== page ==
Wednesday, December 28, 2011

Steven Spielberg and John Williams

The two are inextricably linked, from Jaws to E.T.and The Adventures of Tin Tin. Spielberg is arguably the finest storyteller in film. My son says there is no one better at portraying the ravages of war, and I'm inclined to agree. With War Horse, Spielberg once again returns to the subject of a world at war. This time, it's The Great War, and the battle scenes are so vivid it's hard to imagine either side emerging victorious.

Say what you want about the film's merits. What occupied my thoughts during much of the film was that John Williams -- one of the greatest film composers of all time -- was at Spielberg's side, once again.

I have always wondered about the working relationship between these two men. Having met and worked with Williams, I know that he is an uncommanly nice man in an uncompromising business. When you hear a chorus in a Spielberg film, you can be sure it was the director's idea. But it has become impossible to think of the first great Spielberg film, Jaws, without also recalling those low tones in the string bass -- one short, the next even shorter, a half-step higher -- that tell us the shark is beneath us, always lurking. One could argue that these two notes are as famous as the four which open Beethoven's Fifth Symphony. No one could have known then what we know now, that no matter how challenging it was to build a viable, realistic-looking shark (and you thought the eponymous character's late appearance in the film was a dramatic tactic!), Williams had it in his hip pocket all along. And that is a testament to his genius.

But the music doesn't quite get it right with War Horse. This is the first Spielberg/Williams collaboration where the music is pervasive. That's not necessarily a bad thing: think of those great anthems from Raiders of the Lost Ark and Superman, or the bittersweet melodies in Schindler's List, and you welcome it.

Thomas Newman, one of the busiest film composers today, takes a different approach. In any of his film scores (Road to Perdition, American Beauty, and The Shawshank Redemption, to name a few), you are never aware of the music. I've seen Shawshank dozens of times, and am still, to this day, never conscious of the music. Newman is proud of this, having gone on the record to say he prefers "to deepen the action through subtext, as opposed to commenting on the drama." Perhaps this is one reason why Newman is ever malleable to the demands of the director, and is proud of that. You'll never hear his music on a symphony pops concert. And maybe that's not such a bad thing.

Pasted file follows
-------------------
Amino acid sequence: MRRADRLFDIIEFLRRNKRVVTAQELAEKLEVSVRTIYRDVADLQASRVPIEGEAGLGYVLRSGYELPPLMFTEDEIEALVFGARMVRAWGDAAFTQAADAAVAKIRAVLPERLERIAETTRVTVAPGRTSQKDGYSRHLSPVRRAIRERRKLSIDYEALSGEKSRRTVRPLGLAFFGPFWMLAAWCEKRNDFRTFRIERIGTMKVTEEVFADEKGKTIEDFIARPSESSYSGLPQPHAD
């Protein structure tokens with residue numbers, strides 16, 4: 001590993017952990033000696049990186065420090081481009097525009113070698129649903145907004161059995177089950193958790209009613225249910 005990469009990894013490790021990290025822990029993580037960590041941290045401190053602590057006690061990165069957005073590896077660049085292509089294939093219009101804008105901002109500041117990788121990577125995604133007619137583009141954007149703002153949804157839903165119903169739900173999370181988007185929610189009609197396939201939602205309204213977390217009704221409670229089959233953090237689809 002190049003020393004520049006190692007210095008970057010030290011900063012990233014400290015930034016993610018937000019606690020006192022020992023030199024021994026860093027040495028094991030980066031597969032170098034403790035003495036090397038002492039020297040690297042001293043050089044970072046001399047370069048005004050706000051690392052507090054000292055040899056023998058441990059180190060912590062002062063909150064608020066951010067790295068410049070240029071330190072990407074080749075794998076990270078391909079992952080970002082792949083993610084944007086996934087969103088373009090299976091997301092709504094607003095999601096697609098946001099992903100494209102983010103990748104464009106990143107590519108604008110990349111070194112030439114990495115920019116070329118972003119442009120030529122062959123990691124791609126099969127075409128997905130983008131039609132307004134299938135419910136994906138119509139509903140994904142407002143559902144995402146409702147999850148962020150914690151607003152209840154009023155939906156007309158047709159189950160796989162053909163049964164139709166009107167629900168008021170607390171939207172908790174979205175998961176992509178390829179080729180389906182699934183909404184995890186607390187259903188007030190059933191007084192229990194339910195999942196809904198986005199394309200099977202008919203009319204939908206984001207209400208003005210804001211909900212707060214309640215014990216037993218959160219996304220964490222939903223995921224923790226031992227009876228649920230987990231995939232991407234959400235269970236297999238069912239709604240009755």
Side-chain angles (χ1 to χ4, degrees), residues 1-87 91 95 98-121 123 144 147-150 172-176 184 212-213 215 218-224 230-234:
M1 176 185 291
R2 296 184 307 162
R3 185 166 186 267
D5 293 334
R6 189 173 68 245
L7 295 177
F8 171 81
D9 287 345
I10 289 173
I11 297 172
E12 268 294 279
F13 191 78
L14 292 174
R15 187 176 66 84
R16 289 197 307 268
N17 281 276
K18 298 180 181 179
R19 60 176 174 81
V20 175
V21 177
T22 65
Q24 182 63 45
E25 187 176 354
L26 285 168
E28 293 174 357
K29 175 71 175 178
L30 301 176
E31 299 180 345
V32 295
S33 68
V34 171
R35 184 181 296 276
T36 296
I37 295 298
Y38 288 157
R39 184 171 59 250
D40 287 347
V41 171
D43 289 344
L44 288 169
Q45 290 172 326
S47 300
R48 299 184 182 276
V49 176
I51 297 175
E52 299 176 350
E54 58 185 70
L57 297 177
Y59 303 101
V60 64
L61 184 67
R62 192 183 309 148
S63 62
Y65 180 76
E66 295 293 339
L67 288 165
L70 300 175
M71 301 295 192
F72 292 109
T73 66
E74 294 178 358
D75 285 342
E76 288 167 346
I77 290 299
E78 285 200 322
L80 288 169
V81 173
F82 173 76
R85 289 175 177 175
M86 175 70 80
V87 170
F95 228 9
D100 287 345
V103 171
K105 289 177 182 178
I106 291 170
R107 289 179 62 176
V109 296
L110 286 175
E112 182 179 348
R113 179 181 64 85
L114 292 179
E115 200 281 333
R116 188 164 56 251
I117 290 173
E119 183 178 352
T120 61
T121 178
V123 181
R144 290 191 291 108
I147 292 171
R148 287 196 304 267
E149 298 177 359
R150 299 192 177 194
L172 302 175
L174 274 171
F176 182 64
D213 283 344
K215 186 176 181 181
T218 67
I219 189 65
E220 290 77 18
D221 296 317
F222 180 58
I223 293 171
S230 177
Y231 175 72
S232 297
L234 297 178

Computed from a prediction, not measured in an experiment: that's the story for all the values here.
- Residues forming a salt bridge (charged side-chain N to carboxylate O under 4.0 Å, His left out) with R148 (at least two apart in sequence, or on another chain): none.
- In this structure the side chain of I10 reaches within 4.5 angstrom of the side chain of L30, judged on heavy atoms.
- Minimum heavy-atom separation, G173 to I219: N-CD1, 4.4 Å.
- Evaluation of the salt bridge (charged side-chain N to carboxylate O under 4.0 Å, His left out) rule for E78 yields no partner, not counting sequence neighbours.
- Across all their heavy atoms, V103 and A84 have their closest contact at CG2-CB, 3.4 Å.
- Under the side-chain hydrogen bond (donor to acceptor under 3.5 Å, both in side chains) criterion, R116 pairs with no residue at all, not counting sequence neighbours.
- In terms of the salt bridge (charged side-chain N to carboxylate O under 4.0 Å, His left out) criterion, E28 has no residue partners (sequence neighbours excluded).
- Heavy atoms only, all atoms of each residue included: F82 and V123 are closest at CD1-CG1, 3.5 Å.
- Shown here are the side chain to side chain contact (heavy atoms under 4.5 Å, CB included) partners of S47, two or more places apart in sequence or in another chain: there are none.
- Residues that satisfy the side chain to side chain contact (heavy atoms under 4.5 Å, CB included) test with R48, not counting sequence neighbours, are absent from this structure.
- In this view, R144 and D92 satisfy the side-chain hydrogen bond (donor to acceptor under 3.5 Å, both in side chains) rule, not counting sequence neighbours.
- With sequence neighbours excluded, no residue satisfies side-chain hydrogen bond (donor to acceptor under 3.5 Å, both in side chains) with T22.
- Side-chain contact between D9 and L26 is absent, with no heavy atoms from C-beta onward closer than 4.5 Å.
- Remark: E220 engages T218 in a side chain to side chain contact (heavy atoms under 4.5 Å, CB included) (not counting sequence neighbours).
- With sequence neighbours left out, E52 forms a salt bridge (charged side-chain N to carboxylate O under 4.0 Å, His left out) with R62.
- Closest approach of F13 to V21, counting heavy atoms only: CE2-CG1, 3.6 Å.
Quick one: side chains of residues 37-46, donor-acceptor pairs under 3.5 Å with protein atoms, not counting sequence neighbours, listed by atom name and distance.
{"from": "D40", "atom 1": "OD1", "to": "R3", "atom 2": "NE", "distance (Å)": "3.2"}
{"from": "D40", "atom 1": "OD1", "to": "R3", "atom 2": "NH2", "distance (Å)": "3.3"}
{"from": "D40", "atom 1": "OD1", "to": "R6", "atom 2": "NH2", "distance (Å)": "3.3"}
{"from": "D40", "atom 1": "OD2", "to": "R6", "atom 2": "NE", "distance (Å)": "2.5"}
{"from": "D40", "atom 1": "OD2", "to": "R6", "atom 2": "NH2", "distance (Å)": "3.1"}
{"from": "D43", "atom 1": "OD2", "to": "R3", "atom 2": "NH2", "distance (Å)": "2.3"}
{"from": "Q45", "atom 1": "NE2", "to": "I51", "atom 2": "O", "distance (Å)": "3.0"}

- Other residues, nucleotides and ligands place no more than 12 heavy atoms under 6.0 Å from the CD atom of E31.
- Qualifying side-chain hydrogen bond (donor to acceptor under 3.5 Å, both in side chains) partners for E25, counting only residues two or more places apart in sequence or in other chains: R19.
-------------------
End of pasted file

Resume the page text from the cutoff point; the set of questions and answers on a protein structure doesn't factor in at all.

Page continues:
Williams's ability to take an idea and make it his own has always been a trademark. The parabolic trumpets in Star Wars are right out of those in Ravel's Daphnis. Others may recognize Gustav Holst's The Planets in some of the battle scenes. But the end result is never derivative; it always ends up sounding like John Williams.

Which is why, during the opening of War Horse, I was surprised when Ralph Vaughan-Williams immediately came to mind. (Williams has always had a love for English composers.) There are also tips of the hat to Aaron Copland. But what really perplexed me was the direct quote from Star Trek, played by french horns just as Alexander Courage scored it for the 1960s hit television series. James Horner (Titanic) is unabashedly unafraid to steal from his favorite composers: think of how he lifts a phrase directly from Copland's Our Town in Field of Dreams, or from Mahler's Seventh Symphony and Prokofiev's Peter and the Wolf in the animated film, Land Before Time. But I've never known Williams to do this, until War Horse.

Writing music for film can be tricky. The brilliant composer, John Corigliano, who wrote luminous scores for "The Red Violin" and "Altered States," recently had an experience where his music was not to the director's liking, and was not used. (Corigliano was still paid.) In most cases, music written for a particular movie does not belong to the composer, who later may be surprised to hear his music in other media, without accreditation.

John Williams teamed up with Itzhak Perlman and the Pittsburgh Symphony for a recording ("Cinema Serenade") of movie tunes for solo violin and orchestra. The session began with Perlman in the middle of the orchestra, with a microphone above him, but early takes were not to his liking. Finally, the producer moved him back to the front of the orchestra, and things progressed nicely from that point on. Of course, Williams's music for Schindler's List was included, and Perlman's rendition was as glorious as it was in the film. Returning to the green room (which had been converted into a studio) during each session break, Perlman had much to say, but Williams always deferred to the producer. He was also very kind to other composers represented on the disc. (Of Andre Previn's contribution, he shook his head in admiration, saying "boy, they just don't write music like that anymore.")

You would be hard-pressed to find equal doses of genius and modesty in another human being. When I saw him last summer at Tanglewood, Williams, now just shy of eighty, was his usual jovial self, trading niceties with staff and musicians.

The Adventures of Tin Tin is a movie I would have seen by now had it come out years ago, when my children were younger. But I will see it, if only to hear the Williams score. I am still, and always will be, a devoted fan. I can hardly wait to see (and hear) what he and Spielberg have wrought with Lincoln. (And Jurassic Park IV is on the way . . .)

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